He must have been two, I think, when it happened: back when his cheeks still looked like he was storing up nuts for winter. The store’s fluorescent lights buzzed above, and it must have been the time of year that the air conditioning was running full-blast there in the South. I was pregnant with our third, and making one of those fly-bys mothers of young children perform in a store when they have to look at a rack before one of her kids starts crying, whining, distracting, throwing things out of the cart or into the cart–you get the idea. The store wasn’t busy. Which must have been the reason I lifted him out to explore for a moment.
I gotta tell you guys: Blogging’s a humbling venture. Sometimes it’s like sending a piece of my heart into cyberspace, and just trusting God to do whatever he wants with it. Sometimes it’s less than I hope; sometimes it’s far more. My husband reminds me that instead of numbers, I can look at the hours of worship God is hopefully generating. He’s continued to do more than I imagined even through a tough year.
But really, this is the part where I get to finally thank you, readers. So many of you, I don’t know–and yet you continue to care about these things along with me. Thanks for caring about the relationships that matter most, and for sharing these posts with people you care about. Here were the posts that resonated most with you this year.
The Broken Heart: On Leaving Africa: I’ve wondered for awhile now how I would write this post; what I would say. Eight hundred words seems only enough to barely outline the dimensions of what I’ve wrestled with for the last several months.
Ever feel like your heart’s two sizes too small for the Christmas season?
I may have recently given my radio the stinkeye for its heartfelt counsel for me to have a holly-jolly Christmas this year, when I really felt like sulking, washed down with a swig of wassail and one of those little chocolate-dipped pretzels with sprinkles.
I grew up amidst a small, tidy farm in central Illinois. The colors that primarily swirl in my memory are the rustling greenness that stretched in acres of corn or soybeans on every side, or the grass that could only be truly experienced through one’s toes. The affectionately flaking bright red of the barn stands tall in my mind, along with the mottled red of the apple trees, the streaked pink of rhubarb stems, the buttery yellow (and a peeping cacophony) of baby chicks. And there’s the white of our ancient farmhouse trimmed neatly with black shutters. Farms have their own simple beauty.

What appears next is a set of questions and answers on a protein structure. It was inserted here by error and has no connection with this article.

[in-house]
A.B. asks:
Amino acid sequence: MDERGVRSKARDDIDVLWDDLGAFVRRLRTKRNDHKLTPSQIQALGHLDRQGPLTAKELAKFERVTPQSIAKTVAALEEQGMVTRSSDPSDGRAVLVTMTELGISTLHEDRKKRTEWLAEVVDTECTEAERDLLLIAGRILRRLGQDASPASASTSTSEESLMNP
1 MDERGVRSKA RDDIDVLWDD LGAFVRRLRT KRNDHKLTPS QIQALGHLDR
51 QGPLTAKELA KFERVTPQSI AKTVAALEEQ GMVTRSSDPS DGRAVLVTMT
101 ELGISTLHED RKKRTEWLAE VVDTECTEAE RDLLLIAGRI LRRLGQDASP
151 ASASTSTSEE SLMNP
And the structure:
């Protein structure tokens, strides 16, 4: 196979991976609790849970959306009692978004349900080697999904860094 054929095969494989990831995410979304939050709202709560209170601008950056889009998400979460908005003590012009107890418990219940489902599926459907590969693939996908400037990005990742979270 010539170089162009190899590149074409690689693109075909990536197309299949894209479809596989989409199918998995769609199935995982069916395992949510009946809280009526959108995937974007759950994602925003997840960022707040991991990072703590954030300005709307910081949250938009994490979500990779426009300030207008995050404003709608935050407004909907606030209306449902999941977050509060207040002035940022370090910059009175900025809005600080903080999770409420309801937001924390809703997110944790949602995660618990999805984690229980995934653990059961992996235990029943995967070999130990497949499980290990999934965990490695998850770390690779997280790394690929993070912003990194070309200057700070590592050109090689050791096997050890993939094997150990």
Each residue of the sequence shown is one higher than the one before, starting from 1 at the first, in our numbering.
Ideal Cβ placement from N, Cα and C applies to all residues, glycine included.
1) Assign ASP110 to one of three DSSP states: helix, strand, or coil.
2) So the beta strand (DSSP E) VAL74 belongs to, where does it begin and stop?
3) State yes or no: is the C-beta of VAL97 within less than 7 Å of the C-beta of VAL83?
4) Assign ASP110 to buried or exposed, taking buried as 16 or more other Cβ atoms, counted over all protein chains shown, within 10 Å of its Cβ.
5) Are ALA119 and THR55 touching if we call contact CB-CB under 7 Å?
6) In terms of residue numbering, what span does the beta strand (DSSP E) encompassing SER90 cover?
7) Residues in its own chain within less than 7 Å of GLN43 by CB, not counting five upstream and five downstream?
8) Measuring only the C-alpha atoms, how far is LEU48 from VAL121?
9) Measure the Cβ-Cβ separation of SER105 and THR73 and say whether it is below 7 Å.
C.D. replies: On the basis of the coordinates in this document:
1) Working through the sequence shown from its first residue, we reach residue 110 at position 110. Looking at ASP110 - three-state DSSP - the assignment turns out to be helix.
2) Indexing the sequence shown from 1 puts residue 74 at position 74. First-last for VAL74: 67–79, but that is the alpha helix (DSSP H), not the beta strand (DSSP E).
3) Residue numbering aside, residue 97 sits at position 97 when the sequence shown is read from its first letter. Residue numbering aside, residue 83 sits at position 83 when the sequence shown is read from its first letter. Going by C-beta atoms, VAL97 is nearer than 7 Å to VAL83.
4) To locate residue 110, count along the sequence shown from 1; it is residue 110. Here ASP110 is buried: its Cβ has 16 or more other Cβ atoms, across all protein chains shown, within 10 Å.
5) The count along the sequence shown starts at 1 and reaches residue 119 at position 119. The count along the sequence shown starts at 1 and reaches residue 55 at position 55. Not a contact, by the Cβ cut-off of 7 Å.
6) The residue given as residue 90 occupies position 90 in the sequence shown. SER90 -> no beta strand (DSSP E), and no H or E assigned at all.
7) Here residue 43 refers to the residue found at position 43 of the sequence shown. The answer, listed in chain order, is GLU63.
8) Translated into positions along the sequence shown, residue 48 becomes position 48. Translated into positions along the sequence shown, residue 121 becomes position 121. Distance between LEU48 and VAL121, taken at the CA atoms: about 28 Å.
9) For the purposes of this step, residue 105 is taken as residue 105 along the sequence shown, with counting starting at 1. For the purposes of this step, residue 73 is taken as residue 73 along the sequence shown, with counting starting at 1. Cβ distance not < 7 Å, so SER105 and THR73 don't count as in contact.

Already tried the Christmas-movie-night-while-stringing-popcorn tack? Exhausted your board game tournament ideas? Sent your kids outside till they’e sledded their little hearts out? Here are a handful of easy-peasy ideas to abet Christmas Vacation Chaos.
Have an old-fashioned taffy pull. When we tried this with my kids and their cousins, I was delighted to hear my mom–who was admittedly a little skeptical of the potential mess–remark that this was a lot easier, cleaner, and faster than she thought! We used this Vinegar Taffy Recipe, but you might also enjoy adding those leftover red and green sprinkles, as suggested in this recipe. If you’ve never been to a taffy pull, this video will help!
Over your latte, I saw the concern in your eyes. I know this isn’t who you want to be; that you’re afraid of your own heart. But I know longing runs deep.
If only “I do” meant our eyes–or especially our spouse’s eyes, right?–never swiveled from our mate’s. But reality is, though marriage helps keep our attraction in one place, it doesn’t flip that switch for us.
One of my favorite aspects of my African lifestyle was a lean muscularity of simplicity. Forget keeping up with the Joneses. You are the Joneses, when your kids are going to play with kids whose families (who may or may not be literate or have lost a child) live in one room, which may or may not have electricity and running water.
So people expect my light fixtures to, say, look like I swiped them from my church in the eighties. They anticipate that when I serve lemonade, it will cascade from an ugly plastic pitcher.
Perspective is everything.
Randy Alcorn explains in his (highly-recommended) The Treasure Principle, “The more things we own—the greater their total mass, the more they grip us, setting us in orbit around them.”
Let me put it bluntly. Upon returning from Uganda and starting my own business as a freelancer, I was hoping for a little more…easy success. I was leaving such a good fit for the way I was made–my technicolor dream–at what felt like sacrifice. And I’ve been writing for so long. I just hoped there’d be a few more supernatural wins involved, you know? I admit to thinking of it a little formulaically: Obey God = Find “favor”.
Hmm. Favor. I mean, you could back that up with verses like “Anyone who comes to him must believe…he rewards those who earnestly seek him.” But as I type, I’m realizing I had a somewhat concrete vision of what that might look like.
Really glad you're here. Welcome to a lingering conversation--about a head-turning, undeserved kindness that's turned my life on its head. This site's about Jesus in a pair of well-worn Levi's: faith walking around in our sneakers, scuffing up against real life and real people.
I hope you'll find some questions worth asking, conversations worth engaging, compassion that's compelling, and practical ideas to knead genuine love into relationships. (...With a side of slightly irreverent humor.)
After five and a half years in Uganda, my family and I have recently returned to the U.S., where we continue to work on behalf of the poor. I write and love on my family from Colorado.